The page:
Let Us Now Praise Jim Gilmore

Former Virginia Gov. Jim Gilmore (photo credit: Gage Skidmore)
Former Virginia Gov. Jim Gilmore (photo credit: Gage Skidmore)

Jim Gilmore is a good, maybe even great, man. His failure to rise in the polls may be due to his personally becoming — yet politically toxic — level of humility. He has not bragged on his credentials. His credentials are stunningly great.

Jim Gilmore is a man of enormous dignity, towering accomplishment, and splendid national service. He deserves nothing but respect. Take note.

Gilmore was a successful supply-side governor of Virginia. He served as the chairman of the Republican National Committee in 2001, as governor of Virginia from 1998 – 2002 (previously having served as Attorney General) and was president of the Republican Governors Association. He also served as chairman of two important federal commissions. Since leaving office, has been an important voice in the policy universe for economic growth. He, also, is a reliable social conservative and NRA board member.

Of perhaps even greater significance, Gilmore served in the 650th Military Intelligence Group as a U.S. Army counterintelligence agent in West Germany during the Cold War. This gives him unique credentials as a Cold War veteran, and an intimate sense for national security operations. Although it would embarrass him were he to read this let it be said: Jim Gilmore is an authentic Cold War hero.

For you young’uns, for whom the Cold War seems as remote as does the Civil War to geezers like me, take note. (See the Wikipedia, from which portions, not all, of this little tutorial were drawn verbatim):

During the height of the Cold War, before Ronald Reagan finally turned the tide, there was an elite consensus that the Soviets could not be confronted but only contained. The doctrine of “containment” defined US policy.

There was, however, a small but passionate faction that believed otherwise. They pushed for the creation, inside the CIA, of what became known as “Team B.”

“Team B” was a competitive analysis exercise commissioned to analyze threats the Soviet Union posed to the security of the United States. The purpose was to put a fresh set of eyes on the same data that analysts within the intelligence community were studying. The intelligence community was in the process of putting together an assessment on the Soviet threat while the Team B panel of outside experts produced its own assessment.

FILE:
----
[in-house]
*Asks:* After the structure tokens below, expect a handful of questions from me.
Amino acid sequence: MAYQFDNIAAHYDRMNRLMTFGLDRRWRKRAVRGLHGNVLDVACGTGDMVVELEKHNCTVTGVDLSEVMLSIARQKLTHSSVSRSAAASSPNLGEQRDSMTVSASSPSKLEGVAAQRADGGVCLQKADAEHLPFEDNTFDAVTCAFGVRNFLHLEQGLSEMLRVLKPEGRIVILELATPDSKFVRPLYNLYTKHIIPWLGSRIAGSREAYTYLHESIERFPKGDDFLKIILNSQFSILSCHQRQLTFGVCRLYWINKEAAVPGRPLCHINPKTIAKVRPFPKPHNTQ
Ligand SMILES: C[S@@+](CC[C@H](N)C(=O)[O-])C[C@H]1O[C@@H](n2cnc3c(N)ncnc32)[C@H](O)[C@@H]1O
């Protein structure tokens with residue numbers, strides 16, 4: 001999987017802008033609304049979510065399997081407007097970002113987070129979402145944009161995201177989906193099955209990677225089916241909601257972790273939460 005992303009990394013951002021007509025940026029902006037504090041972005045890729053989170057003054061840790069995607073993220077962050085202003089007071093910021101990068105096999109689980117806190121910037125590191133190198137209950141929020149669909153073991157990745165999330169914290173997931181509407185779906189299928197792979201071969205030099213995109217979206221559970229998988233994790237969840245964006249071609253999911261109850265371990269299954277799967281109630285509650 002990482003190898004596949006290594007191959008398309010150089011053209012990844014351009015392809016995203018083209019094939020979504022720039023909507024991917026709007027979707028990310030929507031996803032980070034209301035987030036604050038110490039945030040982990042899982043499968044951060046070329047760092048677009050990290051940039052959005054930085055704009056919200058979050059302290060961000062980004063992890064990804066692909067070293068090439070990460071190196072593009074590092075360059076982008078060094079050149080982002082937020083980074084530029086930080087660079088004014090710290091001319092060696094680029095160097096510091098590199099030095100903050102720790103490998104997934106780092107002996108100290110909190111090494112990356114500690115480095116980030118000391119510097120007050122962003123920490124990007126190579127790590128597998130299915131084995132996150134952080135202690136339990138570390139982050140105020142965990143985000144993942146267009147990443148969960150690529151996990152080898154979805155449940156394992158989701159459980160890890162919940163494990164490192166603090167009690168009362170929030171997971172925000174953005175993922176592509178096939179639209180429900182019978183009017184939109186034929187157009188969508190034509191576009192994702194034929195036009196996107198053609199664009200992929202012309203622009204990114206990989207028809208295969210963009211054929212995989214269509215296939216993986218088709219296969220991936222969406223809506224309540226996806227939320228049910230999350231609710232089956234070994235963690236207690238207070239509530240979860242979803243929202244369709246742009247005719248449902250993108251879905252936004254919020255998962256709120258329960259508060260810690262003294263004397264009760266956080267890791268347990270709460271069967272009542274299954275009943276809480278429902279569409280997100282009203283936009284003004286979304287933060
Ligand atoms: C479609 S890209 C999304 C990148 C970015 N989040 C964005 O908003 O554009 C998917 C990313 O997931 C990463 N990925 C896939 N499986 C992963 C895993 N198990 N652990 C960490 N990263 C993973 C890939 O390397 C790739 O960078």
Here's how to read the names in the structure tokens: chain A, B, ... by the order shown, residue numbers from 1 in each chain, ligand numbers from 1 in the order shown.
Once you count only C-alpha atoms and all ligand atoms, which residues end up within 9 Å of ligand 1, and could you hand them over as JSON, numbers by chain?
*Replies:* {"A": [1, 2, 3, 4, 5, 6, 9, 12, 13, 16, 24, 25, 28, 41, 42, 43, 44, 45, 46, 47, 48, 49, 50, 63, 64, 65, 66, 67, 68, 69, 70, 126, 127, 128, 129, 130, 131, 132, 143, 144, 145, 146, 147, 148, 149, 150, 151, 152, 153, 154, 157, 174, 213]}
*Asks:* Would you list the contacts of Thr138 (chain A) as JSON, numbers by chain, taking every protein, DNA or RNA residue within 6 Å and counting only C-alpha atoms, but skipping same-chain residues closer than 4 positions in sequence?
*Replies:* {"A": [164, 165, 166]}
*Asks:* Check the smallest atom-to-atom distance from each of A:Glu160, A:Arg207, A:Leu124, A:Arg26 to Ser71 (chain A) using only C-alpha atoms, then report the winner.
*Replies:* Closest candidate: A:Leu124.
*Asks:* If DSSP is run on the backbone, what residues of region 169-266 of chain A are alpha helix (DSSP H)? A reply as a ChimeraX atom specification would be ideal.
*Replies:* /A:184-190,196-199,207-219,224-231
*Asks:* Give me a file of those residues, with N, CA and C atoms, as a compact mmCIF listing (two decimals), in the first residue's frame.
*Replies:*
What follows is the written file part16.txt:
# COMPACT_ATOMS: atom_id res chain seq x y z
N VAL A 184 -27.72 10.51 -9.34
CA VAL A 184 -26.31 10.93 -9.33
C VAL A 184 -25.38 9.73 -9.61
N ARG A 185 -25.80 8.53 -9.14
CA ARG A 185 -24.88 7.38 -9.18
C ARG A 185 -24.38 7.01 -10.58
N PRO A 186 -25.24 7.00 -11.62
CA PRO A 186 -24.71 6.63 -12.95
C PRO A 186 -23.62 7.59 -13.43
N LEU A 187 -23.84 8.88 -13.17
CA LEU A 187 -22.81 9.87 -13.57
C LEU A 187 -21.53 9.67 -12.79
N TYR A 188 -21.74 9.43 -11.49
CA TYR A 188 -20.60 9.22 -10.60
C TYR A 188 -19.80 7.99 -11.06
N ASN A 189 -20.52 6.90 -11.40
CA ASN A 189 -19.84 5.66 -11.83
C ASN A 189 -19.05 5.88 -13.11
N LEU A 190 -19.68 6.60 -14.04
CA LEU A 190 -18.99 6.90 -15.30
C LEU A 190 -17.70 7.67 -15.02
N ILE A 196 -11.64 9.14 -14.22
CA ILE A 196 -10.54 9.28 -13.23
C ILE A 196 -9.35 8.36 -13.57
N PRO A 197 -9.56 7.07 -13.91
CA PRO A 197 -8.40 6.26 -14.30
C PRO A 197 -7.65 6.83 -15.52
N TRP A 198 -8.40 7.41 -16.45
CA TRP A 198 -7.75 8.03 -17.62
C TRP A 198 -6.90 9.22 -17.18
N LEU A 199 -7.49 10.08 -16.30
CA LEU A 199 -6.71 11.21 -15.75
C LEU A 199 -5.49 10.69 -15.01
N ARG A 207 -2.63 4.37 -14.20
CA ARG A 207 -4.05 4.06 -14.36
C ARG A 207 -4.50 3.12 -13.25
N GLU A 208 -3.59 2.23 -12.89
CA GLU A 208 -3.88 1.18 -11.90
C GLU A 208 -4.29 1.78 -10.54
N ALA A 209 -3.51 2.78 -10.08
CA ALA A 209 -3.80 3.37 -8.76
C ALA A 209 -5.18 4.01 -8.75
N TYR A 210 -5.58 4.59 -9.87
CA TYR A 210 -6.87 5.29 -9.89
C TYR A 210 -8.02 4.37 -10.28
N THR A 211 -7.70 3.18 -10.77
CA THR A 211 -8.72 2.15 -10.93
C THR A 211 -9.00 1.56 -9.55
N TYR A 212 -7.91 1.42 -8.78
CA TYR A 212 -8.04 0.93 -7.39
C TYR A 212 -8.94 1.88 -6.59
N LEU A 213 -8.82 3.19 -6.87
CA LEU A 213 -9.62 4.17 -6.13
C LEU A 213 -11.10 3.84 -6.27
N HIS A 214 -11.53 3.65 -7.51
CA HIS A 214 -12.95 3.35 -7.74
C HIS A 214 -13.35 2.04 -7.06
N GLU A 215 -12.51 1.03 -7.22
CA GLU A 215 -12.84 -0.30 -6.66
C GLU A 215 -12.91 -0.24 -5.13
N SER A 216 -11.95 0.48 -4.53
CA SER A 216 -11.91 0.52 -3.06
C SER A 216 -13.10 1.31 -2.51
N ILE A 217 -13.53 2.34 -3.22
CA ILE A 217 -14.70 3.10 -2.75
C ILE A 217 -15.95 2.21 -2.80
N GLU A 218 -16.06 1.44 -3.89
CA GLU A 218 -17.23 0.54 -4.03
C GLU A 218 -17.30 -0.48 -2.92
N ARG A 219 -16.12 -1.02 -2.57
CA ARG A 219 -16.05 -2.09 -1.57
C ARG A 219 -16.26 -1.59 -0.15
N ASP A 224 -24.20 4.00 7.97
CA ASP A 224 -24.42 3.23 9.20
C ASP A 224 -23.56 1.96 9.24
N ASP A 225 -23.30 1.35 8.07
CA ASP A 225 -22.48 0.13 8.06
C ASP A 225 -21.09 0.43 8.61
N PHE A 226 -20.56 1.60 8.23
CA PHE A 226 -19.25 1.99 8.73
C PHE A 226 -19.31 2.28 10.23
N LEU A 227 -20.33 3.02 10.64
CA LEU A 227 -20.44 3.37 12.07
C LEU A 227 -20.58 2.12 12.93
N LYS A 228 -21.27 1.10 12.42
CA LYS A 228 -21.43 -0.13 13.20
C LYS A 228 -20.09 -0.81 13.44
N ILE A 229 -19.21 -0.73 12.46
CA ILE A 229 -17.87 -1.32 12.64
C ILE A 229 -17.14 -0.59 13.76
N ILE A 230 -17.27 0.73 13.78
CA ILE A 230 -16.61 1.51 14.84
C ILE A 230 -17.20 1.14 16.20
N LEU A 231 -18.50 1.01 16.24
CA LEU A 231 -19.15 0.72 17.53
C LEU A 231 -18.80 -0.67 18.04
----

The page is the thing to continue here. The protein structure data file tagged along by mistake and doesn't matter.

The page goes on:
Team B, approved by then Director of Central Intelligence George H. W. Bush, was composed of “outside experts” who concluded that the National Intelligence Estimate on the Soviet Union, generated yearly by the CIA, underestimated Soviet military power and misinterpreted Soviet strategic intentions.

Let it be noted in passing that George H. W. Bush thereby played a critical role in America’s victory in the Cold War and deserves more credit for that than has yet been provided.

The Team B reports became the intellectual foundation for the idea of a “window of vulnerability” and of the massive arms buildup that began toward the end of the Carter administration and accelerated under President Ronald Reagan.

“Team B” turned out to be critical to the putting the U.S. on the road to victory in the Cold War.

Gilmore’s front line experience in the intelligence community very likely makes him more attuned to the process by which America won the Cold War than is any other presidential aspirant. The process by which America won the Cold War is important for countering the national security threats posed by Daesh (a.k.a. ISIS) today. This represents invaluable experience.

Jim Gilmore does not appear well positioned to claim the GOP presidential nomination. That should not diminish our respect for him or the honor that is due to a man who has devoted his life to the greatness of America: as a notably successful supply-side governor, as an RNC Chairman, chairman of the Republican Governors Association, as an important voice for economic growth, and as a Cold War veteran.

If Jim Gilmore, as now appears, is not destined to be the next president of the United States, he should be at the top of the next president’s short list for National Security Advisor, Secretary of Defense, CIA director, Energy Secretary, or for a White House or cabinet position to help advance the GOP agenda of peace through strength and of equitable prosperity.

Let us now praise Jim Gilmore.

Ralph Benko, internationally published weekly columnist, co-author of The 21st Century Gold Standard, lead co-editor of the Gerald Malsbary translation from Latin to English of Copernicus’s Essay on Money, is American Principles Project’s Senior Advisor, Economics.